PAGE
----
History of Wall Street
Located in lower Manhattan’s financial district, Wall Street is synonymous with capitalism and money and has been the headquarters of some of the most important financial institutions in the world. Eight blocks long, Wall Street stretches east to west from Broadway to South Street and comprises the securities traders, hedge funds, and banks responsible for managing the stock market and the American financial system.
Wall Street wasn’t always such a powerful financial mammoth. It started as a literal wall. In 1652, England and the Netherlands were competing for land in what was then New Amsterdam, where the Dutch had settled. Fearing that the British were plotting to attack, the Dutch settlers built a wooden wall to defend their land.
Measuring nine feet high and approximately 2300 feet long, the wall included cannons and stretched from what is now Wall Street and Pearl Street to Wall Street and Broadway. The Dutch referred to this structure as “de Waal Straat.”
The financial history of Wall Street began with slavery, with the introduction of a slave market in 1711. Slavery was extremely important to the economy at the time. Still, stock and commodity trading was centered in Philadelphia at the time, which New York traders wanted to change. They came up with the Buttonwood Agreement, which started a movement toward limited securities trading to registered brokers. Soon after, these traders created the New York Stock and Exchange Board.
These forward-thinking men helped Wall Street become the premier place for financial trading. More and more companies and traders began bringing their business to Wall Street rather than Philadelphia. Other major factors encouraged New York City as the country’s financial capital, including the development of the Erie Canal, which made it easier to travel to New York from the Midwest, as well as the introduction of the country’s first power plant and telegraph. These innovations made it even easier for traders in New York to conduct business, especially with the introduction of Charles Dow’s stock tracking system and the stock tickers.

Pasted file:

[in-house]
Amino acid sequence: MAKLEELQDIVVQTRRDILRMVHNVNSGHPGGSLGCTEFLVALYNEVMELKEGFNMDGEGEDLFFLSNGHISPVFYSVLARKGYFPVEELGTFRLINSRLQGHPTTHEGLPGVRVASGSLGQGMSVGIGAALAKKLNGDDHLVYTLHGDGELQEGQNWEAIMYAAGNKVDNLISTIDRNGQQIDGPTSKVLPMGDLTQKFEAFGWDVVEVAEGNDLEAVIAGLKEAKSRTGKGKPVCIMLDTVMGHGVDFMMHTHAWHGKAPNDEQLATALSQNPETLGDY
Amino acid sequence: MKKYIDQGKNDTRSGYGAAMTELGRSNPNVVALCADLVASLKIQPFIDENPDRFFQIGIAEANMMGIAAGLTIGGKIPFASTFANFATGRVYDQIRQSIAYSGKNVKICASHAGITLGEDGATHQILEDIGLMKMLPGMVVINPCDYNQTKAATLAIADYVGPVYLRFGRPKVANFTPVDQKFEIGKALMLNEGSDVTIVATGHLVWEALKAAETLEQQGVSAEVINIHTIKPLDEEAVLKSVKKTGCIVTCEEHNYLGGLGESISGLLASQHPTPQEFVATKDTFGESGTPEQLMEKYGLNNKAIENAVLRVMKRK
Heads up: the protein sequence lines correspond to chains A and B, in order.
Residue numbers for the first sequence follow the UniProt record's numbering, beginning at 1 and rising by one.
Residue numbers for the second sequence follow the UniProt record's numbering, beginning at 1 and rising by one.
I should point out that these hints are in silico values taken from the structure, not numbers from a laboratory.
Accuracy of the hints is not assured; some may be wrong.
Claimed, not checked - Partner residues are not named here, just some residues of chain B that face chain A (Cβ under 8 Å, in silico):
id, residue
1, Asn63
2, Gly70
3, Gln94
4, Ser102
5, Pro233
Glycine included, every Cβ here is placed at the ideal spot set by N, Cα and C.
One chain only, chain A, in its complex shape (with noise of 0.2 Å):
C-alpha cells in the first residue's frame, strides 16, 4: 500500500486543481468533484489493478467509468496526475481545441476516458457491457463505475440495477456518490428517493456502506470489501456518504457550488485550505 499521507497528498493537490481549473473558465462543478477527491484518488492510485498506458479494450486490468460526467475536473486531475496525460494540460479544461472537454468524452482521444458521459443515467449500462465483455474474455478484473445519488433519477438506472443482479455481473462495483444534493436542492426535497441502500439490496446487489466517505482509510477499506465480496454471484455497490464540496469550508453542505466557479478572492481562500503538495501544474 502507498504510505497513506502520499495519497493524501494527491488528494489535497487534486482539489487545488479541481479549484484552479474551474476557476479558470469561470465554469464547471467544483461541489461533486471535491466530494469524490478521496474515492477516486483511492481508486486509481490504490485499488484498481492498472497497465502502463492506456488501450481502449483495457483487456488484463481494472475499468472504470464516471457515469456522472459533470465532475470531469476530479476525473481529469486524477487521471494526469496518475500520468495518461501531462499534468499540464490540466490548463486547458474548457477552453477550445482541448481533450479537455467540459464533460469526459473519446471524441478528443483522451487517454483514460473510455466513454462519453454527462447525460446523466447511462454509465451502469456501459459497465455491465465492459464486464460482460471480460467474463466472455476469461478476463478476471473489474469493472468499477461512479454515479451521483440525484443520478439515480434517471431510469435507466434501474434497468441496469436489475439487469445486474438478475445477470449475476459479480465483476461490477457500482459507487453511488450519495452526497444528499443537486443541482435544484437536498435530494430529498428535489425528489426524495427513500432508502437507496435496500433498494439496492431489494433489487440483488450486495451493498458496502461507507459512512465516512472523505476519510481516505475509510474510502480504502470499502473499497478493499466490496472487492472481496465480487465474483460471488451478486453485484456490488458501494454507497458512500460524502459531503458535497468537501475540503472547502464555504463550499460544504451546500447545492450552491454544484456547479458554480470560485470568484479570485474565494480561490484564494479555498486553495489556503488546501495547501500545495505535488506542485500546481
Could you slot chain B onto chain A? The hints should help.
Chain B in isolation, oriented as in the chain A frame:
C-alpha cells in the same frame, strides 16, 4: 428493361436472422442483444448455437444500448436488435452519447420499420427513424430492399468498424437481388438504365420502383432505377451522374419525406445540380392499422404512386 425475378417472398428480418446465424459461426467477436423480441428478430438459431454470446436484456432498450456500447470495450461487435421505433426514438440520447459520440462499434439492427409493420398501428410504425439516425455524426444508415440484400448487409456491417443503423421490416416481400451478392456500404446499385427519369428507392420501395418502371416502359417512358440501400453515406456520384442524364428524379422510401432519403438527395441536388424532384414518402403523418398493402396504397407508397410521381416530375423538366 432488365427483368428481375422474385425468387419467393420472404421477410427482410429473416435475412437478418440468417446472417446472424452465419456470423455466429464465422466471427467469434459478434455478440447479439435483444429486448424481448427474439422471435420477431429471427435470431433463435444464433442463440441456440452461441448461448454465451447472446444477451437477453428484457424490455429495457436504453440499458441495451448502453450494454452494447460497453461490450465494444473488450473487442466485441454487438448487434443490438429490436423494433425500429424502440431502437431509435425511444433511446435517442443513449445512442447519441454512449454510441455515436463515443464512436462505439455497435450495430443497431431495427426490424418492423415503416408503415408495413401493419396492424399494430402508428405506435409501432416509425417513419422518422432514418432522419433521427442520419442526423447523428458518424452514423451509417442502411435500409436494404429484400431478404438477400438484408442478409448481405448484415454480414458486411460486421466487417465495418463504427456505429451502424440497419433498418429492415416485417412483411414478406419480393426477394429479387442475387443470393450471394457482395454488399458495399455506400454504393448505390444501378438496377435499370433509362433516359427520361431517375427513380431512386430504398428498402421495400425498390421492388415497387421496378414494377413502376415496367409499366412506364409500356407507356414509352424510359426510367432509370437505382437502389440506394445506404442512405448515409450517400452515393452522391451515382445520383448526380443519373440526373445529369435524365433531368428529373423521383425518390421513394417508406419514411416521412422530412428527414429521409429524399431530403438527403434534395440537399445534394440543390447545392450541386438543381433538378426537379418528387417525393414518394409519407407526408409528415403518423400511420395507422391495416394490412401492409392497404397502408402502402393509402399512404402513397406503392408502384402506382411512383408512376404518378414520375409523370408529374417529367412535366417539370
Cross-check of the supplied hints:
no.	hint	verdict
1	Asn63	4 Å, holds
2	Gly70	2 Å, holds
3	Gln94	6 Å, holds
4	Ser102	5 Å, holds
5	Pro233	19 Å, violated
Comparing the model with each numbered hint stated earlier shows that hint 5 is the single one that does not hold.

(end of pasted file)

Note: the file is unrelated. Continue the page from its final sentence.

Wall Street is forever linked with the Great Depression of the 1930s. This infamous crash began on Black Thursday, or October 24, 1929, when the market opened at 11 percent lower than it closed the previous day. Many institutions tried to stabilize this change by bidding over market price but on the following Monday, known as Black Monday, the market closed at 13 percent down. On Black Tuesday, the market fell another 12 percent. Ultimately the market would lose 89.2 percent, resulting in financial ruin that impacted many. This devastation lasted throughout the 1930s.
The market suffered another major crash on October 19, 1987, when $500 billion was lost in a day due to a computer error that allowed the liquidation of thousands of stocks. This same error prevented anyone from buying stock, making it a money out only situation. Due to this massive mistake, new rules were designed and executed to prevent a similar error from happening again. Another major stock market crash occurred in 2008 as the resulting of mishandling of subprime mortgages.
Today, Wall Street continues to be a financial behemoth and also a popular tourist site, with many visitors going to see the New York Stock Exchange, the Charging Bull statue, and Federal Hall, where George Washington was inaugurated. There are also adjacent attractions, including the 9/11 Memorial, Battery Park, and the South Street Seaport, offering plenty for the curious tourist to do in a day.